- E-commerce seller CarParts.com named its CFO-COO David Meniane to replace outgoing CEO Lev Peker and promoted Senior Vice President of Finance Ryan Lockwood to CFO. Peker is stepping down April 15 to pursue other business opportunities.
As CEO Meniane, CFO since March 2019, will receive an annual base salary of $609,000 and be granted $1.9 million in restricted stock units with vesting schedules, according to an SEC filing. He will also be eligible to receive an annual target incentive bonus of up to 100% of his salary.
Lockwood, SVP since June 2020, will receive an annual base salary of $400,000 in his new role, be eligible for an annual target bonus of up to 50% of his salary and be granted $974,000 in restricted stock units, also with vesting schedules.
The leadership move is one of the latest to underscore the accelerating CFO-to-CEO path. The percentage of sitting CEOs at Fortune 500 and S&P 500 companies coming from internal or external CFO positions ticked up to a 10-year high of 7.9% last year from 6.6% in 2020, according to a Crist|Kolder Associates report.
Internal picks for the C-suite typically signal that a company is staying its strategic course and the company signaled as much in a statement saying its mission “remains the same” despite the shift in leadership.
A big e-commerce seller of gaskets, brakes and other products to consumers for do-it-yourself repairs, CarParts.com has undergone an “aggressive turnaround journey” that has resulted in growth across its business, Meniane said in a statement. He was credited by the company with building a vertically integrated supply chain and the company’s data science team.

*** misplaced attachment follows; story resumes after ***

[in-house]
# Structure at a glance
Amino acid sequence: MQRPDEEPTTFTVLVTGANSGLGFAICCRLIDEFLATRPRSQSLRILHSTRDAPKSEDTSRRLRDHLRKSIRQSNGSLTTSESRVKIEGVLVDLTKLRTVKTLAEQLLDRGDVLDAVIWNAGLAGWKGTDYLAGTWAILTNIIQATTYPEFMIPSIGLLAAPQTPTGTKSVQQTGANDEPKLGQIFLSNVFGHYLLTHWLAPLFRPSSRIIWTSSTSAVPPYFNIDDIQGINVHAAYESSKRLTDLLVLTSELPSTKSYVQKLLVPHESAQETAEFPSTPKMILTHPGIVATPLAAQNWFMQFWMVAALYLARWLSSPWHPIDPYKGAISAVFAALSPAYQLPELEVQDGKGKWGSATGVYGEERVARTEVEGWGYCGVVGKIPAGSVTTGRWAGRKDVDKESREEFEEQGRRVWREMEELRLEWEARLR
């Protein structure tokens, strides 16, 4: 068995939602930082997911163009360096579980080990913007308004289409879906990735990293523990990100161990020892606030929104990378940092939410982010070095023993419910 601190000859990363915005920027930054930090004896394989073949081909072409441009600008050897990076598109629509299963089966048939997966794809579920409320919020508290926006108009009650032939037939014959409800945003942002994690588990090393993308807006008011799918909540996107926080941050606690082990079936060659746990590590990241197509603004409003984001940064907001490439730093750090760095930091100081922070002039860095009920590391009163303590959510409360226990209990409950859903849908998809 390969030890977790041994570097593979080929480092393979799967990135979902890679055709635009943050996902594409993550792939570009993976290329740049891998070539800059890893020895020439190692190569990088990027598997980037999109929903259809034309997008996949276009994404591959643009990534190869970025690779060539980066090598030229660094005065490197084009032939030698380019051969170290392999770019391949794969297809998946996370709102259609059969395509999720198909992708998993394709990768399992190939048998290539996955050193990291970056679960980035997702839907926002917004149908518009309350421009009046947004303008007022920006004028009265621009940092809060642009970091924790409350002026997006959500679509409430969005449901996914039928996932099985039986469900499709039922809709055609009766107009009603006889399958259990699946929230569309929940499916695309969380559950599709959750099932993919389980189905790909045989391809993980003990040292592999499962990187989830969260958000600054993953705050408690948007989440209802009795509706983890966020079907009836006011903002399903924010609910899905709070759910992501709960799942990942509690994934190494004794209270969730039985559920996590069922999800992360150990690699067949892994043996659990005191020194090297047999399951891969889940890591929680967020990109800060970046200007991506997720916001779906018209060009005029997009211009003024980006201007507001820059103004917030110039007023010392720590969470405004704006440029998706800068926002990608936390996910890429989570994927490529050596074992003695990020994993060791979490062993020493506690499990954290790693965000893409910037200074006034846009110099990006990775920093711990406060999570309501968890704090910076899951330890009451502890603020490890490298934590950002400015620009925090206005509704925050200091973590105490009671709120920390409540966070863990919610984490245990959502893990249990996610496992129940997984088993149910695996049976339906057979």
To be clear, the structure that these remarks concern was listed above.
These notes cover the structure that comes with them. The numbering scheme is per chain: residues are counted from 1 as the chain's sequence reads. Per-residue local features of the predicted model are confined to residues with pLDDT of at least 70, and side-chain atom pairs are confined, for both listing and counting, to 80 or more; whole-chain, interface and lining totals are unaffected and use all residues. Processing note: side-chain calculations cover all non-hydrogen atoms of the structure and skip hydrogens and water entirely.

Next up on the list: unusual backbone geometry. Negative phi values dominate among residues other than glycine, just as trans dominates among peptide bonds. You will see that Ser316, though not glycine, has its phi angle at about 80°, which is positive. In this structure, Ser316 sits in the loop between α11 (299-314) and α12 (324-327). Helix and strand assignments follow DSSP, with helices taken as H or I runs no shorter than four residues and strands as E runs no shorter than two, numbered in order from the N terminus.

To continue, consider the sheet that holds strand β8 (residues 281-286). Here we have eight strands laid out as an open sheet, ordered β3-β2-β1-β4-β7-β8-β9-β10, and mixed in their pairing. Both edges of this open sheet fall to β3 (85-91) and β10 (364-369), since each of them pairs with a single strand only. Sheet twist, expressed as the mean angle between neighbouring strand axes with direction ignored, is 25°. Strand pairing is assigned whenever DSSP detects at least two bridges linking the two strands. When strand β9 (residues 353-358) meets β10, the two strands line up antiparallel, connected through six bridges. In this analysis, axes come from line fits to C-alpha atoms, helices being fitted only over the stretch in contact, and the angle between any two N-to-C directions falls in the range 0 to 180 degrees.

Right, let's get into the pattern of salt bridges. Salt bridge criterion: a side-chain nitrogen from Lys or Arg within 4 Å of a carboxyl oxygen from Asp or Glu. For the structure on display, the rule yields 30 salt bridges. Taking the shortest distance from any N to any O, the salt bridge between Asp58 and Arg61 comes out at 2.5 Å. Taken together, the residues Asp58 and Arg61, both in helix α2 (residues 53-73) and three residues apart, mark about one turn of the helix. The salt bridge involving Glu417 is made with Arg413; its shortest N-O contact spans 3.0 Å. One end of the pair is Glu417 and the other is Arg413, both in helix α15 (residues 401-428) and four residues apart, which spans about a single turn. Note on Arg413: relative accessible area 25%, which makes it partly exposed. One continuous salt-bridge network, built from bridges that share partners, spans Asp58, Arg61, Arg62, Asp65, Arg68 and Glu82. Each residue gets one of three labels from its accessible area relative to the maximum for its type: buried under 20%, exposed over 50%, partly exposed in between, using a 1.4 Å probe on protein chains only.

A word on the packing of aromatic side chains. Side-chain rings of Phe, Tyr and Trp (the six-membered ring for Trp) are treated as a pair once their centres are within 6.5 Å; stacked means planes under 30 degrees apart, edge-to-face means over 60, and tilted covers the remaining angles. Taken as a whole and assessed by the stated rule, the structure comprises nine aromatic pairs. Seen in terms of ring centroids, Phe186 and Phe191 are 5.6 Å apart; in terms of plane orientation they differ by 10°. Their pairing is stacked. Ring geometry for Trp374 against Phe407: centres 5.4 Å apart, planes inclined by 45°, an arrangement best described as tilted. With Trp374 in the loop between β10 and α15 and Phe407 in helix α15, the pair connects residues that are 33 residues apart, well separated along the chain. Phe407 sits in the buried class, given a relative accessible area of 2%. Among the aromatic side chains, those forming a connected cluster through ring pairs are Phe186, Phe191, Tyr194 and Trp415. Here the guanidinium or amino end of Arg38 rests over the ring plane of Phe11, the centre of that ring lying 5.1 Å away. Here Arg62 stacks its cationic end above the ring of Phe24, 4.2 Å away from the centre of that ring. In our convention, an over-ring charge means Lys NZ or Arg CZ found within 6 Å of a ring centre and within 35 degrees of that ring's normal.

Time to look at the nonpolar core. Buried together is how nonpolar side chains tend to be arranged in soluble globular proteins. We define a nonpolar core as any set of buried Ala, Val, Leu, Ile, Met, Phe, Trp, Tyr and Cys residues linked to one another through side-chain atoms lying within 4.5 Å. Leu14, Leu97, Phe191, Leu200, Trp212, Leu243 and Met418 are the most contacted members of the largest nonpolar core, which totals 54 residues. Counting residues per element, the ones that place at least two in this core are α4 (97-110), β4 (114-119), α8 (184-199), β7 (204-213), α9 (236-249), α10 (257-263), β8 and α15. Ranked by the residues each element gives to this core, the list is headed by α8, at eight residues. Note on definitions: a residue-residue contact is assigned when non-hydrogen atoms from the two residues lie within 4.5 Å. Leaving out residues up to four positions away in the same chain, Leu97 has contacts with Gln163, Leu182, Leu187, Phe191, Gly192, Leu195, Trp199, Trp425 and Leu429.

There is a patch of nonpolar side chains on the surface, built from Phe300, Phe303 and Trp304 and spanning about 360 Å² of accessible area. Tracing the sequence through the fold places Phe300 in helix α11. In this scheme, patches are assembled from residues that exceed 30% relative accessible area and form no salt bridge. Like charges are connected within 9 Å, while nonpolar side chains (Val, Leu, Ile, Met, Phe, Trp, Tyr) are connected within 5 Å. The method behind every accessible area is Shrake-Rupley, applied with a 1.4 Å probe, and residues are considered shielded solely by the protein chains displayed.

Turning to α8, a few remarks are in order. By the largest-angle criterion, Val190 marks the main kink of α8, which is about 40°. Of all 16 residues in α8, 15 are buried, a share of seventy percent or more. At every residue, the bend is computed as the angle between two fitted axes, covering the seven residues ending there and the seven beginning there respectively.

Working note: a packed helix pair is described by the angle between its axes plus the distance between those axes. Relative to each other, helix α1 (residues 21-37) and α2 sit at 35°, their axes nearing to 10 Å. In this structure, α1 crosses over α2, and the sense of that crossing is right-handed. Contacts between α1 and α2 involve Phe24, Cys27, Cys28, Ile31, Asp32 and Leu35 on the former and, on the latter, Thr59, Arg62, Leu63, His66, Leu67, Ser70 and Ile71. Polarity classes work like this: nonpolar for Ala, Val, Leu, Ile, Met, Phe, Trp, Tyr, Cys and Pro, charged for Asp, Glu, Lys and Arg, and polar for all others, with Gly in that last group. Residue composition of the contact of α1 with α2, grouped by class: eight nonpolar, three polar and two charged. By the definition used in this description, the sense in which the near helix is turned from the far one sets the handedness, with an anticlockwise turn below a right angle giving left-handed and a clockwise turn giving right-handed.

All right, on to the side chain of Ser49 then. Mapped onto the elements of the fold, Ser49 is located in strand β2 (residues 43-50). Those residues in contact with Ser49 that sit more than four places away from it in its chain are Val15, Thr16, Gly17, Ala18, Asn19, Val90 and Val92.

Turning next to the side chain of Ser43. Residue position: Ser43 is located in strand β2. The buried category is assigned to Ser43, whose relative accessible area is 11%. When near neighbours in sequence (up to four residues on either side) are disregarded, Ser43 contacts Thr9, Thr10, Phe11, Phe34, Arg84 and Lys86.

Meniane is also one of an increasing number of financial executives bulking up inventory and pushing back on the long-time trend toward just-in-time lean inventory management.
“In this environment [just-in-time] doesn’t work. The longer the lead time, the less reliable the supply chain, the more inventory you have to carry, ” he recently told CFO Dive. Otherwise “we lose the sale to whoever has inventory and is more aggressive.”
Lockwood in an email said the company would continue on its inventory course.
“With over 300,000 square feet of warehouse space coming online over the next two quarters, a record amount of inventory to support our growth, significant improvements in sales, relentless focus on customer experience, and the most hard working and resilient team, we are in a strong position to continue servicing our customers and getting them back on the road,” Lockwood wrote. “Being vertically integrated puts us at a significant competitive advantage over competitors who only drop ship and do not have control over their supply chain or inventory.”
Lockwood also said one of the new leadership's priorities is to become a one-stop-shop for customers needing vehicle repairs. Over the past several quarters he said it has been testing various "Do-It-For-Me" initiatives that help customers find mechanics to do their repairs rather than doing it themselves.
As SVP Lockwood focused on the company’s corporate finance and capital structure, was the main point of contact for institutional shareholders, investment banking partners and analysts and managed new leases, renewals and real estate transactions, according to his LinkedIn account. Prior to joining the company, he was a portfolio manager and head of fixed income at the Private Management Group which had about $3 billion in assets under management.